“There”s a little softball etiquette that we all need to learn. In the middle of the game, when it”s a no-hitter, nobody says, “hey, it”s a no-hitter.” You don”t talk about a streak when you”re on it,” Michigan softball coach Carol Hutchins said when asked about the Wolverines” current nine-game winning streak. “Softball superstition is huge.”
With apologies to Hutchins, the Wolverines” streak is newsworthy not because of the number of games they have won, but because of the way they have won them.
In nine games, the Wolverines have outscored their opponents 53-12 while collecting 88 hits. Michigan scored only 78 runs in its first 24 games.
After an embarrassing tie against Western Michigan and then two disappointing losses against then-No. 10 DePaul, the Wolverines found themselves at 12-11-1 entering Big Ten play.
While only the team and coach Hutchins know what was said on the bus ride from Chicago to Champaign, something sparked the Wolverines before last Saturday”s game against Illinois.
Michigan dominated that game, evoking the mercy rule in a 10-2 victory. The next afternoon, it came back and won a close game, 2-0, and the streak had begun.
While Hutchins would likely point to the increased confidence of her team, one of the biggest reasons for the Wolverines” turn-around has been the lineup change that the coaching staff decided on before the Illinois game.
Stefanie Volpe, who had been the DH for most of the season, was moved to third base and freshman Monica Schock was inserted as the new DH.
Schock, a left-handed hitter, was placed in the fourth position in the order, creating a stretch of five consecutive left-handed Wolverines Meghan Doe, Kelsey Kollen, Melissa Taylor, Volpe and then Schock.
Melinda Moulden, Michigan”s power threat, was moved to the fifth slot.
“It”s tough for any pitcher to face five lefties in a row. We switched it like that last week in Illinois,” Hutchins said. “It puts Moulden in the biggest RBI slot of all, and she”s been our best RBI hitter. And it”s worked pretty well.”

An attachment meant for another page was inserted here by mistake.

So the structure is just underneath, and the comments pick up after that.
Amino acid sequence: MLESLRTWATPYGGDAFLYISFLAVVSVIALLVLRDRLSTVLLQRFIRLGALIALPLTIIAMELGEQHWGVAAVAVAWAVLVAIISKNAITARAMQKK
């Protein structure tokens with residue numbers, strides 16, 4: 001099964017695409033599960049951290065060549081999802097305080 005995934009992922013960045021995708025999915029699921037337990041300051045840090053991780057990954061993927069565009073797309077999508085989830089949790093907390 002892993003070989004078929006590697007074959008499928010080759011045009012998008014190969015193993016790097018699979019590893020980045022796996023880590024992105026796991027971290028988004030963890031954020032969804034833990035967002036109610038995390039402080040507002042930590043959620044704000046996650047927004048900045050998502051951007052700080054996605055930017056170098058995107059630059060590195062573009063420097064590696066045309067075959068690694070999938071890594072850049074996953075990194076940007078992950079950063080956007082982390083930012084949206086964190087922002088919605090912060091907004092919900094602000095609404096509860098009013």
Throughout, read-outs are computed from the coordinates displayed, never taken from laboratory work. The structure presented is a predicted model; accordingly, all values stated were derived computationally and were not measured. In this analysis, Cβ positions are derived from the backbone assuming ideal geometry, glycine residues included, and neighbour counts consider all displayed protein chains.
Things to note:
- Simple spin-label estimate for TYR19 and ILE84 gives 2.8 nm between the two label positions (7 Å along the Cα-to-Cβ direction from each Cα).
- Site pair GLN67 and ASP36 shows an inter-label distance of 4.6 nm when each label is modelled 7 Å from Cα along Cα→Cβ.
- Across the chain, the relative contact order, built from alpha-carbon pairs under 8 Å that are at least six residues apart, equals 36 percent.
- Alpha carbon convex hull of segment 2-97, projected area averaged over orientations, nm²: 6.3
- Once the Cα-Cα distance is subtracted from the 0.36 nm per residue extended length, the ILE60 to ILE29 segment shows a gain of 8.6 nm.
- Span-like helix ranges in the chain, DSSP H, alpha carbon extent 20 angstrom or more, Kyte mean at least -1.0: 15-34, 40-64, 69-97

The increased offense has lightened some of the load for the Michigan pitching staff, which currently consists of only two regular pitchers. Marissa Young and Marie Barda, who have been tough all year, no longer have the pressure of holding the opposition to one or two runs every game.
One of the reasons for the increased success at the plate has been a more aggressive approach, especially by Doe, Kollen and Taylor “The three stooges” according to Hutchins.
The “Stooges” had been prone to bunting or slapping at each at-bat, but now they are swinging away more often, keeping the defense on its heels. During the streak, Kollen has turned herself into a legitimate RBI threat, and Taylor had a rare triple against Bowling Green.
Volpe, who might be the Wolverines” best all-around hitter, has become more patient at the plate and has been a threat to start rallies and drive in runs.
Hutchins still dismisses the idea that her team is playing up to its potential.
“We”re still a work in progress but I”m really pleased and I think we”ve gotten better every week, and that”s important right now,” Hutchins said. “A good time to get going and playing good ball is in April.”
The Wolverines” schedule has also played a part in the team”s recent success. Early in the season, Michigan found itself taking the field against a ranked team on 10 occasions games that prepared the Wolverines for the grind of the Big Ten schedule.
“We had a really tough preseason and now it is starting to pay off,” senior Rebecca Tune said. “We”re playing well, we are coming together as a team, and more than anything, now that we are winning and putting everything together, we have confidence in ourselves and each other.”
Carol Hutchins would dismiss her role in her team”s streak, but the Wolverines would not be where they are today 21-11-1 and leading the Big Ten without her coaching moves and her desire to play the best competition early in the season.